Kyrgyzstan and Tajikistan have traded blame for fighting on their border that has killed at least 24 people, wounded dozens, and prompted a mass evacuation.
Kyrgyzstan’s health ministry said early on Saturday that 24 bodies had been delivered to hospitals in the Batken region that borders Tajikistan.
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An additional 87 people were wounded, the ministry said.
Clashes on the border that began earlier this week grew into large-scale fighting on Friday involving tanks, artillery and rocket launchers.
As part of the shelling, Tajik forces struck the regional capital, Batken, with rockets.
Kyrgyzstan’s emergencies ministry said 136,000 people were evacuated from the area engulfed by the fighting.
It was not immediately clear what prompted the fighting on the tense border between the two former Soviet Central Asian neighbours.
An attempt to establish a ceasefire quickly failed on Friday and artillery shelling resumed later in the day.
Border guard chiefs of the two countries met at about midnight and agreed to create a joint monitoring group work to help end hostilities. It was not immediately clear whether the meeting had any effect on the fighting.
In a statement on Friday, the Kyrgyz border service said its forces were continuing to repel Tajik attacks.
“From the Tajik side, shelling of the positions of the Kyrgyz side continues, and in some areas, intense battles are going on,” it said.
A Tajikistan government news portal, citing its border guard service, said Kyrgyz forces were reinforcing their positions and had opened fire on three border villages.
Central Asian border issues largely stem from the Soviet era when Moscow tried to divide the region between groups whose settlements were often located amid those of other ethnicities.
In 2021, a dispute over water rights and the installation of surveillance cameras by Tajikistan led to clashes near the border that killed at least 55 people.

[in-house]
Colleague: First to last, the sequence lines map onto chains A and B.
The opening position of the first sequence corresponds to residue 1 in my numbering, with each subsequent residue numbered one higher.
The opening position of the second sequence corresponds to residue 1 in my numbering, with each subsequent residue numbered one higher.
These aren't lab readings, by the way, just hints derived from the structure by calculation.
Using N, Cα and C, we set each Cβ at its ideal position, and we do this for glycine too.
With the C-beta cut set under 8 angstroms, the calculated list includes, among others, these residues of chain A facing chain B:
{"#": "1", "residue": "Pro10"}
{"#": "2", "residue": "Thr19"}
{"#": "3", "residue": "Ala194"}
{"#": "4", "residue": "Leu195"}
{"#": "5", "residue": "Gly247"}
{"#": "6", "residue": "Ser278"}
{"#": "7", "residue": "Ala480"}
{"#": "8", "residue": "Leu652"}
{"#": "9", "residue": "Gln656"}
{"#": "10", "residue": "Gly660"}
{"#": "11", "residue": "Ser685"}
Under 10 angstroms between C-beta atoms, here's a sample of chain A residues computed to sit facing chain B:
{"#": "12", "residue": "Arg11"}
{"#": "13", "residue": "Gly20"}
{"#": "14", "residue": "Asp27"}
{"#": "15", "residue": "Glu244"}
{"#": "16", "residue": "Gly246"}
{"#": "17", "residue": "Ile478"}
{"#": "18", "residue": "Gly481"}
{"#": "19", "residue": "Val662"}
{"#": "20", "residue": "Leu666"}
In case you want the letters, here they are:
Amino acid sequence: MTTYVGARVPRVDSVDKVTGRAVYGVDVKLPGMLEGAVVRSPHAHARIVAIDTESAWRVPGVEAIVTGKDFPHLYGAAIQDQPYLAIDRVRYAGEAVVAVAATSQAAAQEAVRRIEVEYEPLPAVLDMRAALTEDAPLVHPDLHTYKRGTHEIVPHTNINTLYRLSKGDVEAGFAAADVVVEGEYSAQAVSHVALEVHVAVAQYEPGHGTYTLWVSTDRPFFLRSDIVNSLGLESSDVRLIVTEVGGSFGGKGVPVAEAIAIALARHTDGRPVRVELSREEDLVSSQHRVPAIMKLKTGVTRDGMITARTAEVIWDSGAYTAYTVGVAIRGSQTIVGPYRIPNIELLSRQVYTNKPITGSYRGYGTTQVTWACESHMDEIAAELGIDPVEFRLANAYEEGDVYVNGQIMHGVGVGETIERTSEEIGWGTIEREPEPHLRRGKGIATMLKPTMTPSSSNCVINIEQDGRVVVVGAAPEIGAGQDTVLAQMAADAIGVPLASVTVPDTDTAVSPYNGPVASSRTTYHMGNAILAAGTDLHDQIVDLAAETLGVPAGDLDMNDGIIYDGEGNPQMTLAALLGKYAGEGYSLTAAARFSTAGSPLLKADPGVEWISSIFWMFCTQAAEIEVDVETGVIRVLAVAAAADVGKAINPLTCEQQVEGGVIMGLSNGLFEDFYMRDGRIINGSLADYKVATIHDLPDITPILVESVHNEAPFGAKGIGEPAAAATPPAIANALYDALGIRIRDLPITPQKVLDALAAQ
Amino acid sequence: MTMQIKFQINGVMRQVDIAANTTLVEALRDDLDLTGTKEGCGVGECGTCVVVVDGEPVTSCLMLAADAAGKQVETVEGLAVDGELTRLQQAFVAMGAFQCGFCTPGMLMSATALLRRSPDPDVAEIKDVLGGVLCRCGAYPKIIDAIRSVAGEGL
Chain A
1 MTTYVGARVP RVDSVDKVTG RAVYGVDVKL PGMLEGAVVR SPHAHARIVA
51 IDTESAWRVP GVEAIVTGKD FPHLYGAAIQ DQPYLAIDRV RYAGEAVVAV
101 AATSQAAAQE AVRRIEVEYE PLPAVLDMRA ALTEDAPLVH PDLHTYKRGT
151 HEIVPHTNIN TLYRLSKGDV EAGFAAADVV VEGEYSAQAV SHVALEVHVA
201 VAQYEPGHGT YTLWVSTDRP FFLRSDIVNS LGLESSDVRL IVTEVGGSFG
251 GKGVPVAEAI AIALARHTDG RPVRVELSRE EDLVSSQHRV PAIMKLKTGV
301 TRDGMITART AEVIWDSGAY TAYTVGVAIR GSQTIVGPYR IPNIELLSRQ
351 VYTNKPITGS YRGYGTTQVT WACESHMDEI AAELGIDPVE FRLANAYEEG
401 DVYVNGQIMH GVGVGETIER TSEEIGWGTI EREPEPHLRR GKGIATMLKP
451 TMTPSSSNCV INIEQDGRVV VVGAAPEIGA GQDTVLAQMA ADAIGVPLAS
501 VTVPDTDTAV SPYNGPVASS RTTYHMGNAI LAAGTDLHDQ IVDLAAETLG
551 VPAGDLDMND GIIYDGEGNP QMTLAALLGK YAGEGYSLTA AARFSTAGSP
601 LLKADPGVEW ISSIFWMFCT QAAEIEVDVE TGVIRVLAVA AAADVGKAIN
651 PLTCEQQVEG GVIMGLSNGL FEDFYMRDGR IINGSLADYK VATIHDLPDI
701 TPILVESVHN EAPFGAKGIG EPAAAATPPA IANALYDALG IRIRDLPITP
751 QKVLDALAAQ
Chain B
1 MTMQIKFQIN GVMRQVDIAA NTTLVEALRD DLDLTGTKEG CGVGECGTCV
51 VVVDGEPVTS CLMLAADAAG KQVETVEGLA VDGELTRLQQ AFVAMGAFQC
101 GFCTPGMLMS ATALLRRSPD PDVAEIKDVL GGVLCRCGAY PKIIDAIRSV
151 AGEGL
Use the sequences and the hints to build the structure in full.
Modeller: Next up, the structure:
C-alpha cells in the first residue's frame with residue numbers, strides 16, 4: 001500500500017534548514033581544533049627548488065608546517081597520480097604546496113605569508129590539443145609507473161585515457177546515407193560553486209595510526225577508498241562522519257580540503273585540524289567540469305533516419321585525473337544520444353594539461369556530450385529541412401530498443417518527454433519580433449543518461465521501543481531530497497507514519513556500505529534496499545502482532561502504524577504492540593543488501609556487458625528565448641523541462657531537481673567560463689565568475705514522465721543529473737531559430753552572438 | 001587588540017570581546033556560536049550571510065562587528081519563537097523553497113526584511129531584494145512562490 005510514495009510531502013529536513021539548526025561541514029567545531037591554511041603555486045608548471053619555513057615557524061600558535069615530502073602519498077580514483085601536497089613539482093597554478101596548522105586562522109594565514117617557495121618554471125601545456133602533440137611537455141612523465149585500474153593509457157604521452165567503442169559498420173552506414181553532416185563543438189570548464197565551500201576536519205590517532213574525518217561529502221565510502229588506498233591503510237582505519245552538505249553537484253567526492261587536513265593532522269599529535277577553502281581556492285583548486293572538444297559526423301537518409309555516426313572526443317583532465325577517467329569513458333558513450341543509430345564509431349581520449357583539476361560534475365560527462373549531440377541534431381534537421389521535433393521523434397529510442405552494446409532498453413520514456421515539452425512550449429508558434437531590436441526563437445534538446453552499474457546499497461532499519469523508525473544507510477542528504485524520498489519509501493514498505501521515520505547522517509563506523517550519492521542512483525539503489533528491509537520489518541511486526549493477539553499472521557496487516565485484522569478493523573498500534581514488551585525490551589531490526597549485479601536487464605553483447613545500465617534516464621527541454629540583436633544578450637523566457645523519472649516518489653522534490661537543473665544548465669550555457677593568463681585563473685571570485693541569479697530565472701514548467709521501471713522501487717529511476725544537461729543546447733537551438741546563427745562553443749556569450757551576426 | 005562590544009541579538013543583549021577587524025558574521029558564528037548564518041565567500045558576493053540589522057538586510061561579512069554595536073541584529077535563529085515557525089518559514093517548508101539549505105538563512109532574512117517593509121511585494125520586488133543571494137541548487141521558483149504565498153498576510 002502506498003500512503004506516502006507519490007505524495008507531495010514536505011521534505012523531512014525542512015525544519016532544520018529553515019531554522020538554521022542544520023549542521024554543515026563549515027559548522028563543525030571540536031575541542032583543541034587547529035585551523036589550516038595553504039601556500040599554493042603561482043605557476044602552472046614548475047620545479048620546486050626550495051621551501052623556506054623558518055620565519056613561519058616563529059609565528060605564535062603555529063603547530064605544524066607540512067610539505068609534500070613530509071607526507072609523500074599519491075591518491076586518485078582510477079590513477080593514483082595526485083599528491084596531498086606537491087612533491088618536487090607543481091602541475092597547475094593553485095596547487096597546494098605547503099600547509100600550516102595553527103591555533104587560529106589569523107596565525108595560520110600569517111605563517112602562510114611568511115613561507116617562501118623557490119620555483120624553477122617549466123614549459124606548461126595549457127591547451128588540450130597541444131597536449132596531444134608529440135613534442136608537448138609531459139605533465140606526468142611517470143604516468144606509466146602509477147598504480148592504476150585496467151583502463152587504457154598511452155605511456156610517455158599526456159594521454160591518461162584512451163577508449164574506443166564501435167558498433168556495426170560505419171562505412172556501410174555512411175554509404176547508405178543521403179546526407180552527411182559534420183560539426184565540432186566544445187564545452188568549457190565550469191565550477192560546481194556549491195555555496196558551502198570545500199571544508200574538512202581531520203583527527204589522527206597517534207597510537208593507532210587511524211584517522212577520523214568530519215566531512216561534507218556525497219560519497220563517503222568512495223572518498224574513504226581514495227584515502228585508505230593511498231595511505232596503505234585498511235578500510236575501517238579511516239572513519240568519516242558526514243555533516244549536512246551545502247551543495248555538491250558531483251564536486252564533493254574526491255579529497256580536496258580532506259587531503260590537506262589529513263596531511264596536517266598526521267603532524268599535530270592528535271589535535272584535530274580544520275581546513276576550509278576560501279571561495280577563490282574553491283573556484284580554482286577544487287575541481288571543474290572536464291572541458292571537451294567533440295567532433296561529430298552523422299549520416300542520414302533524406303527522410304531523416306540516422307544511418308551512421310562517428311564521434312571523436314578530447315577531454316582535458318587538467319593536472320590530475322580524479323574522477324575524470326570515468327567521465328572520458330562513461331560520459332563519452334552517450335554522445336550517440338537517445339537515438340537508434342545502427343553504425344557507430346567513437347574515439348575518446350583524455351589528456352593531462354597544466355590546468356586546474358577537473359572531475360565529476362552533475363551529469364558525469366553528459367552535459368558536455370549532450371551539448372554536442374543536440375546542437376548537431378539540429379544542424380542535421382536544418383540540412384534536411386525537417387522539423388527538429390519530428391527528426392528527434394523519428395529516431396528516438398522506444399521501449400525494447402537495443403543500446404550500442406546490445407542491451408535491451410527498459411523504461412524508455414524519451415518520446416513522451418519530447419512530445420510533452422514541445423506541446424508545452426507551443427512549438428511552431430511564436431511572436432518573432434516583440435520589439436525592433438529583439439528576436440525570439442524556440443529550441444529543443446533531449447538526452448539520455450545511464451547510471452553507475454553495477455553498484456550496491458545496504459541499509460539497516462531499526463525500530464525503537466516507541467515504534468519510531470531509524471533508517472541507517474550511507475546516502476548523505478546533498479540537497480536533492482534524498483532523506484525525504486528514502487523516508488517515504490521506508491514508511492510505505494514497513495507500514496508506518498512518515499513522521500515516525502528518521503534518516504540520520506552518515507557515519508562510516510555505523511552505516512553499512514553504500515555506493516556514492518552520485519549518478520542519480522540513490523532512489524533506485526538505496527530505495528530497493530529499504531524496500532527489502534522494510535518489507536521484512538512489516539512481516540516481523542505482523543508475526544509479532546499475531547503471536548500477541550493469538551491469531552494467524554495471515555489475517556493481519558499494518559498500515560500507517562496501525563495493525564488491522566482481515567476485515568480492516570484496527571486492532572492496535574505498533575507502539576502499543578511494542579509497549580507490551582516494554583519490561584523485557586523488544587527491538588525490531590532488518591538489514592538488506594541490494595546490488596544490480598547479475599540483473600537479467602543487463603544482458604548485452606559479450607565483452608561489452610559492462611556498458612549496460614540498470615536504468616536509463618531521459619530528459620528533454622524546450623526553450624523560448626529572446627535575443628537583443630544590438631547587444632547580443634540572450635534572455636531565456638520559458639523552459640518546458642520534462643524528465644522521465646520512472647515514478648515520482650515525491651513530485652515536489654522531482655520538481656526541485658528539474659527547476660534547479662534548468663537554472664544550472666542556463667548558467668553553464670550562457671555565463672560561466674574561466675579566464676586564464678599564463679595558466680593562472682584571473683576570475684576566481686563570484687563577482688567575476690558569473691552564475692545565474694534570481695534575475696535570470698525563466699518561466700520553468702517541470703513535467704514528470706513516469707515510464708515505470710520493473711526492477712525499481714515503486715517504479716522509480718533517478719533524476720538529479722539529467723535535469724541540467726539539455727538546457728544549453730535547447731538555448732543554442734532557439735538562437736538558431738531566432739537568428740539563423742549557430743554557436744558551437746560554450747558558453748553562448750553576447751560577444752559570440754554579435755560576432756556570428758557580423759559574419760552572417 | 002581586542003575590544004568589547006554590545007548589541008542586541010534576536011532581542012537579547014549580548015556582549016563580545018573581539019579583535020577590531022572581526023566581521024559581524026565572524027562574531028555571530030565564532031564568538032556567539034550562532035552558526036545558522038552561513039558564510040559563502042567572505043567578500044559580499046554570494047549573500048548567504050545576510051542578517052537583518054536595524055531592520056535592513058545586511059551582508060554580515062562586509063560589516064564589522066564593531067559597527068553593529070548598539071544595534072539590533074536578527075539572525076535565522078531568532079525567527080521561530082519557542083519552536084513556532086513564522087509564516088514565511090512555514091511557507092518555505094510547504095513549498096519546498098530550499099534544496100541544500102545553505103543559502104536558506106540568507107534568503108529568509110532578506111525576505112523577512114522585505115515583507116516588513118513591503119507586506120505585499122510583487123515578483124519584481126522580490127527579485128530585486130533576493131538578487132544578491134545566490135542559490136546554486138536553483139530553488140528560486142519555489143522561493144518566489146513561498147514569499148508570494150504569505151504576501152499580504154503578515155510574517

Both countries host Russian military bases. Earlier on Friday, Moscow urged a cessation of hostilities.
The clashes come at a time when Russian troops are fighting in Ukraine and a new ceasefire appears to be holding between former Soviet states Armenia and Azerbaijan.
Temur Umarov, a fellow at the Carnegie Endowment for International Peace, said the remote villages at the centre of the dispute were not economically significant, but that both sides had given it an exaggerated political importance.
Umarov said both governments had come to rely on what he called “populist, nationalist rhetoric” that made an exchange of territory aimed at ending the conflict impossible.
The presidents of Kyrgyzstan and Tajikistan, Sadyr Japarov and Emomali Rahmon, met on Friday at the summit of the Shanghai Cooperation Organisation in Uzbekistan.
According to a statement on Japarov’s website, the two leaders discussed the border situation and agreed to task the relevant authorities with pulling back troops and stopping the fighting.
Kyrgyz media said Japarov returned to Kyrgyzstan from the Uzbek city of Samarkand and immediately gathered the country’s Security Council for a meeting.
Another Central Asia analyst, Alexander Knyazev, said the sides showed no will to resolve the conflict peacefully and the mutual territorial claims provoked aggressive attitudes on all levels.
He said only third-party peacekeepers could prevent further conflicts by establishing a demilitarised zone.